His father, a World War I veteran, pushed him into it.
"I think he thought I needed discipline," said Hart of Omaha.
Hart and his buddies all thought it would be fun. And it was, he said, recalling putting on skits in the meeting room above the Wayne Fire Station and camping under the stars.
"We didn't used to have wooden floors in our tents," he said, referring to today's Scout camping.
In the beginning, Scouting was all about the camping, swimming and hiking, Hart recalled.
"Now it incorporates all sorts of modern things," he said -- especially energy and conservation.
To his regret, Hart never earned Eagle Scout status -- but his son did.
"I couldn't swim well enough to be an Eagle," he confessed. "In those days that was a requirement. Now you can get your Eagle without swimming or lifesaving."
After 70 years in Boy Scouts, he is still active in the organization, serving commissions, committees and council appointments. His wife, Caroline, also has been involved in Boy Scouts since they married in 1963.
"I got in by osmosis," she joked.
Willis Lucht, 74, was a mere boy when he joined Boy Scouts in Columbus.
He had to quit after four years because his family traveled a lot.
It wasn't until Lucht had a family of his own, that he rejoined.
An active member for the 30 years since, he sits on the board of review for Eagle Scouts.
"I really enjoy Scouting and watching young guys grow up to be Eagles," he said.
With a grandson now a Scout, he has all the more reason to stay involved.
"Scouting to me is where you can go out and act like a kid again, and nobody pays any attention to it," Lucht said.
Kids join Scouts for the fun -- camping, hiking, archery, Pinewood derby races, swimming and construction projects, said Monarez.
But the real lessons -- the lifelong lessons -- are about building character, integrity, responsibility and compassion.
Joseph Wherry's life story epitomizes that.
He was found at the age of 4, when street people living on Chicago's infamous skid row pointed him out to child welfare workers. He had run away from a foster home and was living on the streets by day, and seeking refuge on giant heating vents at night.
He was placed with a foster family and stayed until he was 11, when his foster father died, and Wherry was sent to Omaha's Boys Town.
"It was the best thing I ever had," he said.
While there, he joined Troop 249 -- one of two troops serving 200 Boys Town boys.
He graduated in 1966, joined the U.S. Navy and ended up in Vietnam. He served two years, was wounded and sent home.
In the states, Wherry and his late wife returned to Boys Town, where they served as family teachers for a time. While there, he resurrected the Boy Scouting program that had made such a difference in his life.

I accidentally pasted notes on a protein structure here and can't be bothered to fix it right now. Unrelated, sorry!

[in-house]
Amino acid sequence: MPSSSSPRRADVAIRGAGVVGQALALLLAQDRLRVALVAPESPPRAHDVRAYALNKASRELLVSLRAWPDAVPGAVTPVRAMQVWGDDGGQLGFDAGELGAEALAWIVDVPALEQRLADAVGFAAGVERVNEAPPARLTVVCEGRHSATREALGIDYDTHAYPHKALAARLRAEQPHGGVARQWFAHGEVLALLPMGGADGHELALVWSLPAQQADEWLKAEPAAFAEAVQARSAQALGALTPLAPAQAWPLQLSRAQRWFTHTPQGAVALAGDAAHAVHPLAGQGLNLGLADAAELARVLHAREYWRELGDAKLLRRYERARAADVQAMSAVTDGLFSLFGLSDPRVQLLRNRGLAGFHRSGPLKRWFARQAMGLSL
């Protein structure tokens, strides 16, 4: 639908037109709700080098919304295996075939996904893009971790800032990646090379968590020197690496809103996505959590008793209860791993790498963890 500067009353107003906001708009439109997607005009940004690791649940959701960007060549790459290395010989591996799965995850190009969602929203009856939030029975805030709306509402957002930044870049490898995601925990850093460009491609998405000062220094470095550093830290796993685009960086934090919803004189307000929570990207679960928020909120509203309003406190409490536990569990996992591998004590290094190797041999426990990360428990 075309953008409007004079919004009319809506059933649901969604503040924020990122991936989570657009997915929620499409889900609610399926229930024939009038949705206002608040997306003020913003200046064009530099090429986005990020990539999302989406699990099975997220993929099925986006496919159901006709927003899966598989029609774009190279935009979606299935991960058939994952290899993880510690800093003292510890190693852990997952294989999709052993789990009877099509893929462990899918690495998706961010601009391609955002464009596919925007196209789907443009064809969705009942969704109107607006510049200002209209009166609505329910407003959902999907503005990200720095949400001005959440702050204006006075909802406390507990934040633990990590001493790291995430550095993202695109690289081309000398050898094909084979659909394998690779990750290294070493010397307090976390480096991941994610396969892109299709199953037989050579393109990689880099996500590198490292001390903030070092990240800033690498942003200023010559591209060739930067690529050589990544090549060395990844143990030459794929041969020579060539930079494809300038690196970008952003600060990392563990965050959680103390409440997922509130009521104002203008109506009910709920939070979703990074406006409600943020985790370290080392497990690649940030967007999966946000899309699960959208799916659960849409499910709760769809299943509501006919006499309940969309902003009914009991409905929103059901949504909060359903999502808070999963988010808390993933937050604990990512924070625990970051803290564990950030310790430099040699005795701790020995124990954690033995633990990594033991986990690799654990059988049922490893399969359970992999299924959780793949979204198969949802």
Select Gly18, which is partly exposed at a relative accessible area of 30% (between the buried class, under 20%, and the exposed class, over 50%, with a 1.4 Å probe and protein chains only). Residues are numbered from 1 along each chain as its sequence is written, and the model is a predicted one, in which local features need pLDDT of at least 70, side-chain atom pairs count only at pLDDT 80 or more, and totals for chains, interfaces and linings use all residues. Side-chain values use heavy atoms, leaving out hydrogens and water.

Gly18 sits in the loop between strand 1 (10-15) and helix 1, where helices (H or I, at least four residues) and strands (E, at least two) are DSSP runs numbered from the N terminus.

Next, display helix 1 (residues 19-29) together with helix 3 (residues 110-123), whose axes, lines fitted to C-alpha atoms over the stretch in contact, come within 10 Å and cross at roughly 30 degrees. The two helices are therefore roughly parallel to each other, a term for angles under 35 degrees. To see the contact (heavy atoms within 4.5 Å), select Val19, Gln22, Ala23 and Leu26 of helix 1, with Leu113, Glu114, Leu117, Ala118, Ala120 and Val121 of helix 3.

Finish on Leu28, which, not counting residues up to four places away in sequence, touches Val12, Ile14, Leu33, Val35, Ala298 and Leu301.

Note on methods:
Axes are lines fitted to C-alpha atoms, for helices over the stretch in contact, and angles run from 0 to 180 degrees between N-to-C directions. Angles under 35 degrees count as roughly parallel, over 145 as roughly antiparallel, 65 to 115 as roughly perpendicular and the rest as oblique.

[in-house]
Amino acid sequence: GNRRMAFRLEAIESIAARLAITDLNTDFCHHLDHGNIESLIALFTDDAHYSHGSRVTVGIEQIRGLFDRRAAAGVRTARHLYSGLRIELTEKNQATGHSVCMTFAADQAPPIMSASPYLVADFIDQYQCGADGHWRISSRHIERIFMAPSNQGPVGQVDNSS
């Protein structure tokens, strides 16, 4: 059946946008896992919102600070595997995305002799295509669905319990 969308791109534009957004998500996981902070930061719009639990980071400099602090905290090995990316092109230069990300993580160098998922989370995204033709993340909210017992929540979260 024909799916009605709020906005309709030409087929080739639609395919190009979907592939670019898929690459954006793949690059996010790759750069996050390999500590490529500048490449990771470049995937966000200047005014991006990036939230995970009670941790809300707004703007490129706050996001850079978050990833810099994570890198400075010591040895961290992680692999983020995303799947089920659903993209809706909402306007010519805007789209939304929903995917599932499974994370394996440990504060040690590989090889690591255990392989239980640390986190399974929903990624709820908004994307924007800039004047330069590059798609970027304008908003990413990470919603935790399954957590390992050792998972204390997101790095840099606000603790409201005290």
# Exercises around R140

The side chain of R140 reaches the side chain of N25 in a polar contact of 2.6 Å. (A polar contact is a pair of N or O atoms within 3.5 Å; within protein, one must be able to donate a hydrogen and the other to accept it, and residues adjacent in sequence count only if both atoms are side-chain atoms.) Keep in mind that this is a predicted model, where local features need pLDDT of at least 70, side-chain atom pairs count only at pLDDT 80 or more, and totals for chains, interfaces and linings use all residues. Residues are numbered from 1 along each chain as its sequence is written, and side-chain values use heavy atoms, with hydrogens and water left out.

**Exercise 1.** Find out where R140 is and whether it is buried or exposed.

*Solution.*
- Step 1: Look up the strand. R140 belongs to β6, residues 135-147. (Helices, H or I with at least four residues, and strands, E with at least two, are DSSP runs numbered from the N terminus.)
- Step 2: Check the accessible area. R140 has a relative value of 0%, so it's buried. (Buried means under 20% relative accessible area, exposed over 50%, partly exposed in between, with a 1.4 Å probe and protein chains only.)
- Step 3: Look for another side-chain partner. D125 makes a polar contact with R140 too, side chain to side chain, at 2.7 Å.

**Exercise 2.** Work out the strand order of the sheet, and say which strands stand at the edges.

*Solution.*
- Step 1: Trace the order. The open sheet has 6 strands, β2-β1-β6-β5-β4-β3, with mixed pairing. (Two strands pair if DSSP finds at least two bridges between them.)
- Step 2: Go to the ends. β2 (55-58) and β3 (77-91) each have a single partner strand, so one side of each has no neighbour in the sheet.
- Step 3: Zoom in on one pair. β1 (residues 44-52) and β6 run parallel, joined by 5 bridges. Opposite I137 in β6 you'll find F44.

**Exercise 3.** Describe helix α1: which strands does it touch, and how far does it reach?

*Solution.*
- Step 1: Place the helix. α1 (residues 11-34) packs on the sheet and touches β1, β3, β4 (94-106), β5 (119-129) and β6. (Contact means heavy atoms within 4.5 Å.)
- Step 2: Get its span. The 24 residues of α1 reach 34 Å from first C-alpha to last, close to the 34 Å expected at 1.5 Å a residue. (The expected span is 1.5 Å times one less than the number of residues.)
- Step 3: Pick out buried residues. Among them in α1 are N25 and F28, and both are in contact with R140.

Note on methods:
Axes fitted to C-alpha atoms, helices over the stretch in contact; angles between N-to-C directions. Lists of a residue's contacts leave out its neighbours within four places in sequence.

Five boys, who had never heard of Scouting, joined. Between them they earned 17 merit badges and increased rank, Wherry recalled.
"It was an opportunity for them to learn a different way of doing things. To take charge of themselves. It was a chance to camp, live in nature and find out what it means to survive in nature. They had an opportunity to do things they would never see in a concrete world."
In 1991 his wife died, leaving him with four children to raise. The bottom fell out of his world. Wherry sought solace in a bottle.
A friend took him to Alcoholics Anonymous. The friend was a Scoutmaster.
Wherry remembered the Boy Scout oath he had taken many years before. He remembered the Scout Law:
A Scout is:
Trustworthy, Loyal, Helpful,
Friendly, Courteous, Kind,
Obedient, Cheerful, Thrifty,
Brave, Clean, Reverent.
He got involved with the Catholic Church. He visited the elderly and the sick. He grew stronger -- strong enough to share his convictions with young people. He started a Cub Scout pack in the church.
Like his young Scouts, Wherry's rank increased. He watched his Scouts rise to Eagle Scouts.
When his own health failed, due to exposure to Agent Orange in Vietnam, he saw firsthand how people seemed to assume that
disabled people don't have anything to share and how it destroys the psyche. He initiated a special needs Boy Scout program in Omaha -- one of the first in Nebraska, he said.
He's received numerous recognitions for his work in Boy Scouts -- including a letter from former First Lady Laura Bush, the Silver Beaver Award, Award of Merit, the Commissioner's Key, the 2008 United Way Leader for Youth Services, and most recently the Doctorate of Commissioner Science Knot Award from the Boy Scouts of America.
And Wherry shows no signs of slowing down.
Boy Scouting is a way of life.
Darrell Hart says Scouting's principles have made him a different person.
"I'm more outgoing. Probably a little more compassionate. If someone is hurt or has a problem, I seem to have a magnet they come to. ... That's OK, I don't mind it at all," Hart said.
However, "I still slip and swear once in a while," he confessed.
And just last week, Monarez turned to his inner Boy Scout. He was driving down the street when he saw an elderly man trying to flag down a motorist. The man's electric wheelchair had broken down. Monarez turned the car around, stopped and gave the man a ride home.
"Whether we are adults or youth, we want to continue doing a good turn for people," he said.
"If every youth and adult were to live by the 12 points of Scout Law, what a different world this would be," Monarez said.
Reach Erin Andersen at 402-473-7217 or firstname.lastname@example.org.